3. Meeting basic needs. While the African grandmothers in projects supported by the Stephen Lewis Foundation have made real progress, the need for help with food, shelter, health care and medicines remains. They called for economic empowerment through universal government pensions for older people, grants to help orphans and access to jobs and income generating activities.

“I hope for more food –there is a drought in my country and grandmothers there receive no money. Better housing for grandmothers and orphans. School materials and bursaries so that the young people can continue their education.” … grandmother from Malawi looking after five grandchildren

4. Human rights. The grandmothers demanded an end to violence against women and children and to the adoption of gender equality and women’s rights in all countries and communities.

“My hope is that women and children around the world would enjoy safety, respect and basic human rights.” … Canadian grandmother

“Women must have rights to her property when her husband dies (in-laws must not take all the property).”  … grandmother from Kenya

5. Dealing with HIV/AIDS. Grandmothers called for scaled up efforts in preventing and treating HIV/AIDS. For an end to the stigma associated with HIV/AIDS, for better care for people infected and affected by HIV/AIDS and increased respect and support for caregivers. They hope that a cure for AIDS and a vaccine to prevent the transmission of HIV will be found soon.

“I hope they find a cure for AIDS and it can come to an end.” … Sabina, 78 year-old grandmother from Zambia with five grandchildren in her care

“I wish for ARVs to be available to all who need them.” … a Canadian grandmother

6.  Action by governments and international agencies. Grandmothers in Africa and Canada call on their governments and on international agencies to put policies, programs and financial assistance in place that will address all of their hopes, needs and rights.

“Presidents and leaders in African countries must get involved in the fight against AIDS.”   … Ugandan grandmother, caring for abandoned and orphaned children

 “I hope that Canada and the Western world powers will have developed a social conscience and put their best foot forward in helping the African continent deal with eradicating HIV/AIDS. That finally, the courageous grandmothers of Africa can sit back and live out their senior years in dignity and peace!” … a Canadian grandmother

III An intergenerational appeal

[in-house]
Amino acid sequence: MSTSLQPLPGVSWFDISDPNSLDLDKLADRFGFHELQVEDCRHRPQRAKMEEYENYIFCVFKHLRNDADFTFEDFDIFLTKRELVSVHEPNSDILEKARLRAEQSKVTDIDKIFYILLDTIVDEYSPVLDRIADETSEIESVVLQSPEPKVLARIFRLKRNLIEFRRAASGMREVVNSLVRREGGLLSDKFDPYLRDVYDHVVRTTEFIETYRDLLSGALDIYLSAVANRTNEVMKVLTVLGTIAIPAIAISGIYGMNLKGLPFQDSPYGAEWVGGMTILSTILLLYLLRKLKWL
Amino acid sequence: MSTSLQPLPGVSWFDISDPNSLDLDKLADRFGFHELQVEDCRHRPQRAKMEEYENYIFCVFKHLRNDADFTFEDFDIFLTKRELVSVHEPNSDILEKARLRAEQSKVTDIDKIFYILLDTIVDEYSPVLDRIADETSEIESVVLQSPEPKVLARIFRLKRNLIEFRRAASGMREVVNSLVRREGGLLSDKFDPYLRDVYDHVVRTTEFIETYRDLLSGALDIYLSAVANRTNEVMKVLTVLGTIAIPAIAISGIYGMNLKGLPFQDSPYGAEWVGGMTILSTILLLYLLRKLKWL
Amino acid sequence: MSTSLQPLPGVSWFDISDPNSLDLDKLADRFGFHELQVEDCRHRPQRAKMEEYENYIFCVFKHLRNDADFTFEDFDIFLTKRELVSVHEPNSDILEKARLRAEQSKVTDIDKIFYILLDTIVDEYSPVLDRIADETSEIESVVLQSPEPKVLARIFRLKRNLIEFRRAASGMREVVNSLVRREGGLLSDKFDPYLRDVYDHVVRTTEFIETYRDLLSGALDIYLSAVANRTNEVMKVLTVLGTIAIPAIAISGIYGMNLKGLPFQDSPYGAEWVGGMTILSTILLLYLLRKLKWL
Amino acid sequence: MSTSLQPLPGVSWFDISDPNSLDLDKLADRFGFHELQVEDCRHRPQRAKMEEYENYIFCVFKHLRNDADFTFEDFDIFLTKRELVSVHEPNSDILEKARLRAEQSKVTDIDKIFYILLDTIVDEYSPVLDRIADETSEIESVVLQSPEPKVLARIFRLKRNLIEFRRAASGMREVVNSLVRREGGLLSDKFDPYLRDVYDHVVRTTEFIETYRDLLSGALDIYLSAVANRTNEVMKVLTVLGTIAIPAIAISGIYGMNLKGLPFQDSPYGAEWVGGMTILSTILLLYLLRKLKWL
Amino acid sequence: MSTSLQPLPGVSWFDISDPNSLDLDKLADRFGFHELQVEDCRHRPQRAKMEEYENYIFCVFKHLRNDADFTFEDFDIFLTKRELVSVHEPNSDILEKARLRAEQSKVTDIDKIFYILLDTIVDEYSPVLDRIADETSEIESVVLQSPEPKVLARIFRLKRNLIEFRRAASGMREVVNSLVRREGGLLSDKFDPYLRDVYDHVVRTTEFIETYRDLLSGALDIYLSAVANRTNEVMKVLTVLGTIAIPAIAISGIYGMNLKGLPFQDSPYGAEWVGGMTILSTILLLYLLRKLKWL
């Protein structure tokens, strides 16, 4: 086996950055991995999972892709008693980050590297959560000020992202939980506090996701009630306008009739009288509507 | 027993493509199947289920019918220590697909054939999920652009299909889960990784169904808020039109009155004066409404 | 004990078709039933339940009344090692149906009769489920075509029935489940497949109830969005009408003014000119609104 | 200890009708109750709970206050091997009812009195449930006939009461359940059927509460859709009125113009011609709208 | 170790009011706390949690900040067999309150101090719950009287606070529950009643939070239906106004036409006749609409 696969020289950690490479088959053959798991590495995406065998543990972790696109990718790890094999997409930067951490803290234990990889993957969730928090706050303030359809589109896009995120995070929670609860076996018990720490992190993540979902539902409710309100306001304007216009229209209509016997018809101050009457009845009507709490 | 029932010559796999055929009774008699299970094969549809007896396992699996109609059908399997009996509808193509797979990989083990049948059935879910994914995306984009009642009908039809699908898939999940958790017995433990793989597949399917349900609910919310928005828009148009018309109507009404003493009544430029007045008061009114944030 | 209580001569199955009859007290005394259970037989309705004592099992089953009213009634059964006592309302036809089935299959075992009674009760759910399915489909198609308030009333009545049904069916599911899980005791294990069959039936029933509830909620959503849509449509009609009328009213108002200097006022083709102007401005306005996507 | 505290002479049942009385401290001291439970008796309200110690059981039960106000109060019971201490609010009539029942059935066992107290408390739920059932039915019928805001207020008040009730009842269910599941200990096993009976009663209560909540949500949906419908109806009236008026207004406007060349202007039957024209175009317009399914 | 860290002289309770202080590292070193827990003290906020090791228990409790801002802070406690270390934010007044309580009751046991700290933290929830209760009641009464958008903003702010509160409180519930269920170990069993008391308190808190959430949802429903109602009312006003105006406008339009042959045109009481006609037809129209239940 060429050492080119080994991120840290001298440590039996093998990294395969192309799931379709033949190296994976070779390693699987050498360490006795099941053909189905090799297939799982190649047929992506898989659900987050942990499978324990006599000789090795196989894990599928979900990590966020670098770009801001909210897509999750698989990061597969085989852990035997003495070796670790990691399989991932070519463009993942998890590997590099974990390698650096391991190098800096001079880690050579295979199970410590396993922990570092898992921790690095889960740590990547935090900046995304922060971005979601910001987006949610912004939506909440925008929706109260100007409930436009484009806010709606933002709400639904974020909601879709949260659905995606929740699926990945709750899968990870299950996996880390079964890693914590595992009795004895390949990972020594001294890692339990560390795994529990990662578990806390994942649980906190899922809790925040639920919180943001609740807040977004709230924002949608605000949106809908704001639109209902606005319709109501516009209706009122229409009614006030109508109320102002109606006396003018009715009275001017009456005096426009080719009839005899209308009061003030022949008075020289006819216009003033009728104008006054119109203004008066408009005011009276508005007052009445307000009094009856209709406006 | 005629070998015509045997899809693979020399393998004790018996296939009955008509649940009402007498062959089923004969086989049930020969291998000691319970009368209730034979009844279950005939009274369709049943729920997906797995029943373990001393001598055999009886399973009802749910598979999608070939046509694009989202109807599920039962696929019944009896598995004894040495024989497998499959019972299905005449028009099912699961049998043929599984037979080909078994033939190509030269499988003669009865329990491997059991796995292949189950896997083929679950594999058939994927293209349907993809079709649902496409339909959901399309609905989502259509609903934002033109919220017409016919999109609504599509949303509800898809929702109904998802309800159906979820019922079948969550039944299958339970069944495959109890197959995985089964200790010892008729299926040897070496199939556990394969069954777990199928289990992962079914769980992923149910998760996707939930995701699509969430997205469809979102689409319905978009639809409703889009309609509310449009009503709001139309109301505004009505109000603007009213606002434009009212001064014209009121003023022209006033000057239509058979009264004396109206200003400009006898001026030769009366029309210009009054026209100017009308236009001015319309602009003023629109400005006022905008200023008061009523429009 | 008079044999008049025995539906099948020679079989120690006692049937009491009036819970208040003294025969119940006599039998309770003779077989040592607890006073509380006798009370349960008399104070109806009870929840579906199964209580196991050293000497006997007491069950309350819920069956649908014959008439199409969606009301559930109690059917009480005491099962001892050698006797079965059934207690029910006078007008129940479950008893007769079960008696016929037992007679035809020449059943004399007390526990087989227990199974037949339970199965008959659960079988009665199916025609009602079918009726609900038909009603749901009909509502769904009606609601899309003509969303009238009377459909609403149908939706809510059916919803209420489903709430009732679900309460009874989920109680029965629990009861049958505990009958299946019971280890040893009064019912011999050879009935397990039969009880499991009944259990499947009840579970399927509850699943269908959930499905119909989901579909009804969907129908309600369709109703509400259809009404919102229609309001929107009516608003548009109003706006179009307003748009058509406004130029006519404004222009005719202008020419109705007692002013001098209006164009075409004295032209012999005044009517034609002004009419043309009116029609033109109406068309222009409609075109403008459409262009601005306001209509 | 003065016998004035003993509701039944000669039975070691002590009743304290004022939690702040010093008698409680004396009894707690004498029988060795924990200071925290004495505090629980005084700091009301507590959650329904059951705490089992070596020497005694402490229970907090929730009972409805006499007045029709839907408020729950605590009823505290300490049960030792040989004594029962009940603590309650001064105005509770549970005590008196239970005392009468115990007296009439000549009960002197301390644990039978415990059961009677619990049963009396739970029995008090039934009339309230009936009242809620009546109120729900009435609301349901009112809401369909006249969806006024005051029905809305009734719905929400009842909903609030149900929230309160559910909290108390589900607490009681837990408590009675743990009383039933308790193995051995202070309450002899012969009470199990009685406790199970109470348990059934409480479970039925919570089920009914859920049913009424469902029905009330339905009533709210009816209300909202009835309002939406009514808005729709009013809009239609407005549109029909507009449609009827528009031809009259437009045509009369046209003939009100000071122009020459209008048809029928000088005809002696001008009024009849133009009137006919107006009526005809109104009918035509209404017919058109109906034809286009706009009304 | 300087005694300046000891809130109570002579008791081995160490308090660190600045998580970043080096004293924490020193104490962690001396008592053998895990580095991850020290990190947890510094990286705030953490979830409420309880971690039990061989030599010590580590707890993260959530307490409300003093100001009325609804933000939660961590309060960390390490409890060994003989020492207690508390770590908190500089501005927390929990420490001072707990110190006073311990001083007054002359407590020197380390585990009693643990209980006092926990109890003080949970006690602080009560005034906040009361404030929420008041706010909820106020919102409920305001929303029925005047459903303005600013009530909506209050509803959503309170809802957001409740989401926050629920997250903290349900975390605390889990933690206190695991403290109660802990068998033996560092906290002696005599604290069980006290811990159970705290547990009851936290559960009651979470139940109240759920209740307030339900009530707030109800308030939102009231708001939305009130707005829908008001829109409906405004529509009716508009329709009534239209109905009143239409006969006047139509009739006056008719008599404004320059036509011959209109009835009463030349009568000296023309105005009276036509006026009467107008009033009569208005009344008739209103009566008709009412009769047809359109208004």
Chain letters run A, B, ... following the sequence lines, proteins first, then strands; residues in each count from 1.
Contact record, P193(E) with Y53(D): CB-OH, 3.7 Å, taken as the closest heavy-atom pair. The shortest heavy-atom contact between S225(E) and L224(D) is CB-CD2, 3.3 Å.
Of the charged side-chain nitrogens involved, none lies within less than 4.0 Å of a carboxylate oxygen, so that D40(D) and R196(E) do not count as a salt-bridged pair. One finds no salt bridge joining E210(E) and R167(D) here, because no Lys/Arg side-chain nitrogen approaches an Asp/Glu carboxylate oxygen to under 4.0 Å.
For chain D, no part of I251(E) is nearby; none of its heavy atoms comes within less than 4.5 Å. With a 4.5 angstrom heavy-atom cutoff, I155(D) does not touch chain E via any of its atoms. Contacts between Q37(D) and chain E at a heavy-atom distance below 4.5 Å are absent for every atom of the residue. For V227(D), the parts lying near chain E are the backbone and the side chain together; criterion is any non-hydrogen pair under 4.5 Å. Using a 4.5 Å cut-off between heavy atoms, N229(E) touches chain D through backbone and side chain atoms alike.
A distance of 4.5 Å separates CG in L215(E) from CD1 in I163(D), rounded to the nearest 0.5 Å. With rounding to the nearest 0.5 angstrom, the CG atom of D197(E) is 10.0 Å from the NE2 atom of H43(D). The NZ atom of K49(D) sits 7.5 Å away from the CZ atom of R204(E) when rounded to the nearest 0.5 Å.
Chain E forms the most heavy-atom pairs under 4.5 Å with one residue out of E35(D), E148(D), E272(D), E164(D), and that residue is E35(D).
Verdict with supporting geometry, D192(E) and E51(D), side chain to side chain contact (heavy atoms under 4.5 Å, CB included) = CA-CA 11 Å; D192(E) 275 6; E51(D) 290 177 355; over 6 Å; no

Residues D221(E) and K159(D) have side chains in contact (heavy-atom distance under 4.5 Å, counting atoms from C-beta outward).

From September to November 2010, the Stephen Lewis Foundation AfriGrand Caravan travelled from Newfoundland to British Columbia with African grandmothers and granddaughters orphaned by AIDS. At every stop, they were hosted by young people and grandmothers who were eager to listen and to show their support.

The Caravan was the first time that Canadians heard directly from granddaughters. Their stories saddened many young Canadians and inspired them to get involved.

Young women are the most vulnerable in the context of HIV and AIDS. They are often the first to be pulled out of school to help care for dying mothers and raise families of orphaned siblings. The struggle for family survival leaves them exposed to unwanted and unprotected sex as they live their adolescent years in the grips of poverty, hunger, and a lack of adequate education and opportunities. Here are reports about two of the heroic young women on the Caravan.

Nkulie, age 17 spoke with great passion about the power of a secondary education and strong peer groups to provide young women with hope and a future. Nkulie’s mother died of AIDS-related causes just nine months before she left South Africa to join the Canadian Caravan. She lives with her grandmother and attends a community program called Tateni, supported by the Stephen Lewis Foundation.  Here she receives food and counselling and meets with other teens to discuss difficult topics like HIV/AIDS prevention, teen pregnancy and sexual abuse.
 
Nkulie wore a pair of terrific red shoes—a gift from her community who pitched in to buy her some clothes for her trip to Canada. In Halifax, she learned how high school students there had launched a Red Shoelace Campaign. They raised hundreds of dollars by selling single red shoelaces to wear in their shoes as a sign of solidarity with Africans on the front line of the AIDS pandemic.